All Right to Cry

Yael Eckstein  |  November 14, 2021

Jewish woman crying tears of relief after being rescued from anti-Semitism

LORD, you are the God who saves me;
    day and night I cry out to you.
— Psalm 88:1

In honor of my father, Fellowship Founder Rabbi Yechiel Eckstein, of blessed memory, and his lifework helping Christians understand the Jewish roots of their faith, I offer you one of his devotional teachings from the beloved Psalms.

There is a Jewish ballad about a Holocaust survivor who lives alone in poverty, widowed, and childless. As the song goes, the woman had plenty of reasons to cry and be depressed, but she never let herself. She maintained that “God’s love is but hidden, in time we’ll know why, but today there is no reason to cry.”

The ballad continues to tell how one Friday, she had no money to buy food for the Sabbath meal. Still, the woman covered her table in a white tablecloth to honor the holy day. All she could afford was a small candle so that she could fulfill the commandment to light the Sabbath lights.

She lit her candle with great joy and recited the blessings over it, but a gust of wind blew through a crack in the window, extinguishing her candle. The Sabbath had begun, so she couldn’t rekindle the flame. The woman was crushed. She fought the tears but a small teardrop escaped from her eye. It trickled down her cheek and dripped onto the candle — causing the flame to miraculously reignite.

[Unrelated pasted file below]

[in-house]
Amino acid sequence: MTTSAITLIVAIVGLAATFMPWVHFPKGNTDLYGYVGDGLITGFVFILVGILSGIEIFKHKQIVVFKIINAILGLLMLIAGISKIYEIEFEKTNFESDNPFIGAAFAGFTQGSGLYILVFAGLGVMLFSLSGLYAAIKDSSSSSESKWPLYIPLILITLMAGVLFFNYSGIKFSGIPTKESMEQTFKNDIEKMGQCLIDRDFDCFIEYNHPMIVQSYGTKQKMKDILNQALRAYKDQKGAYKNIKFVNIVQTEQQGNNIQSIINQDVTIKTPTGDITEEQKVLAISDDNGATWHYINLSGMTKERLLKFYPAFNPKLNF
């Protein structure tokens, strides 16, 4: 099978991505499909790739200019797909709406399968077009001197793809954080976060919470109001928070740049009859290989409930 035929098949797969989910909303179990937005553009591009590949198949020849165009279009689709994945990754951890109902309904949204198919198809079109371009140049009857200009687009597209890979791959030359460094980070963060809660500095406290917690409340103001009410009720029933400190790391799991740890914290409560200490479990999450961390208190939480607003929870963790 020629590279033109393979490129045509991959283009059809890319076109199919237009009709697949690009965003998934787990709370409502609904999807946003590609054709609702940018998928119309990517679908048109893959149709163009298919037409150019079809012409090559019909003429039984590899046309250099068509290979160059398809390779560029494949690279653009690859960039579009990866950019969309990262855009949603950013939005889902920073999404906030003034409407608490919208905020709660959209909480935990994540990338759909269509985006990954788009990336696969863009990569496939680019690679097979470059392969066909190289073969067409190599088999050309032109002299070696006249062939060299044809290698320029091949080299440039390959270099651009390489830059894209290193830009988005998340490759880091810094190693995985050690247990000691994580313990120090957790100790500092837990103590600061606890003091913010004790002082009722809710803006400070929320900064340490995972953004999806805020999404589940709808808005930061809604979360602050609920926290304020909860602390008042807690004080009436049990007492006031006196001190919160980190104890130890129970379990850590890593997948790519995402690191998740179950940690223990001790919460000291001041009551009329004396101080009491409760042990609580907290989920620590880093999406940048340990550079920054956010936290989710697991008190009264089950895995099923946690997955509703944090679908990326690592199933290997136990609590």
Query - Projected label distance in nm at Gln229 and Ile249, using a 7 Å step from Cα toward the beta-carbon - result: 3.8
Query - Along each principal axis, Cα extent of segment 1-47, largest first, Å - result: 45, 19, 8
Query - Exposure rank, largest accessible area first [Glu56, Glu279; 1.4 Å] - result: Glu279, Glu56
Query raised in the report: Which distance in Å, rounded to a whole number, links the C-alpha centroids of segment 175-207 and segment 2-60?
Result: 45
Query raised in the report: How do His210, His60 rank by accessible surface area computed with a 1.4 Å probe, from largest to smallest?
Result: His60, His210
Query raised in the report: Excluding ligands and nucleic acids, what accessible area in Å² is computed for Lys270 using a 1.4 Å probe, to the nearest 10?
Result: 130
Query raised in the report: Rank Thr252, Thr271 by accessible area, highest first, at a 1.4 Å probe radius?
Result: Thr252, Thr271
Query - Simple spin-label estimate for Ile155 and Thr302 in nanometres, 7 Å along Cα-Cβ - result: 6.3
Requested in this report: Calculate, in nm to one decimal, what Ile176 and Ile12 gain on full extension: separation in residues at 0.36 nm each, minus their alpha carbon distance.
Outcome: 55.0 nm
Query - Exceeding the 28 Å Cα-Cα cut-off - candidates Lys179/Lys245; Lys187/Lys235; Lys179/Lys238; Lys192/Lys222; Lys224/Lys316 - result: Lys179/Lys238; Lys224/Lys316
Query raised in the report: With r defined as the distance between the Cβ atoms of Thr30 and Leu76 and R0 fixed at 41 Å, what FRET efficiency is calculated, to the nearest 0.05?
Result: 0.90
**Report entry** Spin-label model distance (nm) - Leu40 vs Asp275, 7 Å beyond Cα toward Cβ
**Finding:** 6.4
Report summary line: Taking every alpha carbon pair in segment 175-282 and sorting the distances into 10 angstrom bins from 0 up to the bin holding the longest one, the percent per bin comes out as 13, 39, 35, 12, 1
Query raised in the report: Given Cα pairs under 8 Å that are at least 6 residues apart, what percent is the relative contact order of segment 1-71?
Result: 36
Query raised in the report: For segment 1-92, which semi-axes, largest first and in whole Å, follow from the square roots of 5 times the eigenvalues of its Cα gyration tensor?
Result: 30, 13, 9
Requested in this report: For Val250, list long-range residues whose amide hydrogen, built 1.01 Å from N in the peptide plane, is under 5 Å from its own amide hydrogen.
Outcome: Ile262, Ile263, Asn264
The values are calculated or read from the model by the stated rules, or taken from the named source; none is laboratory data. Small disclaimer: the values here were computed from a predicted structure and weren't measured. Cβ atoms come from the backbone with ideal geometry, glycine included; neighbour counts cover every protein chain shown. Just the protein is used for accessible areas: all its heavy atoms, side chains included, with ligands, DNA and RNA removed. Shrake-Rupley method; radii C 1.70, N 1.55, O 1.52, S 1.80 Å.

Now the woman really couldn’t hold back her tears. They burst forth like water through a broken dam. She cried for the light rekindled by her tear, but mostly she cried out the pain held in for so many years. The song concludes, “God’s love is but hidden, in time we’ll know why, but the Heavens had told her it’s all right to cry.”

It’s All Right to Cry

In Psalm 88, the psalmist cries out in pain, bemoaning the fact that he was alone, in danger, and nearly out of hope. However, unlike most other psalms that start out bleak and dreary, there is no turn-around by the end of the psalm. King David usually ended his psalms on a hopeful, even joyful tone, even if it began otherwise. But this writer ended just as sad as he had begun. The last verse reads, “darkness is my closest friend” (v.18).

The message we can take from this psalm is the same as the one in the story — it teaches us that it’s okay to be sad and that it’s all right to cry. God doesn’t ask us to keep our painful emotions pent up inside. Rather He wants us to turn to Him with our troubles. God wants us to pour out our hearts to Him knowing that He can save us.

Next time life gets you down, turn it into a time to grow closer to God. Cry out to Him and tell Him all your sorrows. Not only is it all right to cry, but crying out to God makes us all right again.

Your Turn:

Don’t forget to tune into my podcast, Nourish Your Biblical Roots, which airs today with a new episode!

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